SDZA: I’m not sold. Roman Reigns can be a star. He’s The Rock’s cousin, he’s a sixth generation superstar or whatever. They want him to win for the legacy, but I’m not sold. I’m not into this whole Superman thing they’ve got going, it takes it back to the goofy nonsense they used to do before the Attitude Era. That Superman Punch is so corny. I’m into Ambrose and Rollins, they’re the future for sure. They’ll be fighting for the belt soon enough.
EM: Who’s your pick to win the Royal Rumble?
SDZA: I don’t know. I think Brock will lose the belt, and Cena is not in the Rumble so it won’t be Cena. I think it’ll be someone very unlikely. Or Roman Reigns, he could easily get it. They’re building him as the guy with the most Rumble eliminations and as the next big babyface. Daniel Bryan is coming back, so he might win it because he never got his run with the championship.
EM: What surprise entry would you like to see at the Rumble?
SDZA: Bubba Ray Dudley. I think the Bubba will pop up at some point. He’s an ex-WWE superstar and he’s established himself as an individual. He could come straight into the mix for the world belt and go toe-to-toe with Lesnar or Big Show or whoever. It’d be tight to see both of the Dudleyz too.
EM: Do you keep up with any indie stuff outside of WWE?
SDZA: I like Pro Wrestling Syndicate. I like Ring of Honor. But I haven’t been able to keep up with it. But I love the indie guys, I’ve got a lot of friends down there, like Chris Hero. Chris Hero is one of the best wrestlers in the world. The indie stuff keeps you grounded, it reminds you what rasslin’ is. That kid Kevin Owens in NXT, he came from ROH, I think he’s gonna be the next big thing. I like him a lot.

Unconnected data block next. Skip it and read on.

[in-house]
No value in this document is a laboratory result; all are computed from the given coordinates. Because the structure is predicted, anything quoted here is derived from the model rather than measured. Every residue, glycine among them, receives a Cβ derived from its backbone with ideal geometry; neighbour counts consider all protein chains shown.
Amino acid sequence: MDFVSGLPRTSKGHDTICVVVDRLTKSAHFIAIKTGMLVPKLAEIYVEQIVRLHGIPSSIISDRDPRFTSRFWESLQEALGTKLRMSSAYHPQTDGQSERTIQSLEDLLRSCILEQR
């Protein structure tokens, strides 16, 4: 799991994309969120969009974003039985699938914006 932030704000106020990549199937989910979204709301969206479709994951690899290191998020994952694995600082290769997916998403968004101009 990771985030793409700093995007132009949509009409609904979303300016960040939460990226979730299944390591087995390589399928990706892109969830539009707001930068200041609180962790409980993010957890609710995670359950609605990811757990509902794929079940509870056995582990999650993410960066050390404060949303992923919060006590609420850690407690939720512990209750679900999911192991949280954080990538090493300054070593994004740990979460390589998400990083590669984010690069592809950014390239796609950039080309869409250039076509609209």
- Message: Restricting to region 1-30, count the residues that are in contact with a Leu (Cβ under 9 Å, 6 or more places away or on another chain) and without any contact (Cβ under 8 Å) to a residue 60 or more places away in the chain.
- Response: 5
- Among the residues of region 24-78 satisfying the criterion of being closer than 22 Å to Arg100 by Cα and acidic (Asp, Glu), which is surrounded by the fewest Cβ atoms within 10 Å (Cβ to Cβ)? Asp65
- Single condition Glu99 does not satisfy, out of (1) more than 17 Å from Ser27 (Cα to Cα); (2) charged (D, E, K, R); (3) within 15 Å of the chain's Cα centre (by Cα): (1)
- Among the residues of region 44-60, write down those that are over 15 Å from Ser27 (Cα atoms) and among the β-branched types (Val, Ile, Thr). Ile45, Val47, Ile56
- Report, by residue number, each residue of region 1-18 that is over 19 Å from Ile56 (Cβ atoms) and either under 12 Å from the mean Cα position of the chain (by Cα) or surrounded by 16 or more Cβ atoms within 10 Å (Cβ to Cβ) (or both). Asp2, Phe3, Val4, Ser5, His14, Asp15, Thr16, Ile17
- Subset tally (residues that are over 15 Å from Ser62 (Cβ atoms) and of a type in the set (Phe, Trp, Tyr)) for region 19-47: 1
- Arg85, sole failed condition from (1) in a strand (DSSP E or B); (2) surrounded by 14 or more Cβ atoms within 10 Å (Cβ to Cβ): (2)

EM: As a wrestling fan, you end up in conversations where you have to convince people that wrestling is awesome and not The Jerry Springer Show or whatever. How do you navigate those conversations?
SDZA: For me, my passion for wrestling runs deep. I will argue with a guy over a top-5 list, or whether or not Hogan was great. You can’t expect to just watch it and get into it. I couldn’t watch Sons of Anarchy out of nowhere in the fourth season, because I’m missing out on the backstory. You have to get used to the program. I’ll start with the classics, like watching Hogan vs. The Rock at WrestleMania X-8. That will make you a wrestling fan. Next thing you know, they’re watching Raw next week and having conversations about Bray Wyatt and you’re like “oh yeah Bray Wyatt is I.R.S.’s son” and they get their mind blown. If you follow it, you’ll fall in love with it.
EM: One last thing: how do you defend Hogan to people who hate on him?
SDZA: I say Hogan is the Michael Jordan, the Wayne Gretzky, the Bill Russell, the Jerry West logo of wrestling. If it weren’t for Hulk Hogan, we wouldn’t have pro wrestling. He’s was the first wrestler on the cover of Sports Illustrated! Nobody can ever climb the mountain like Hogan has.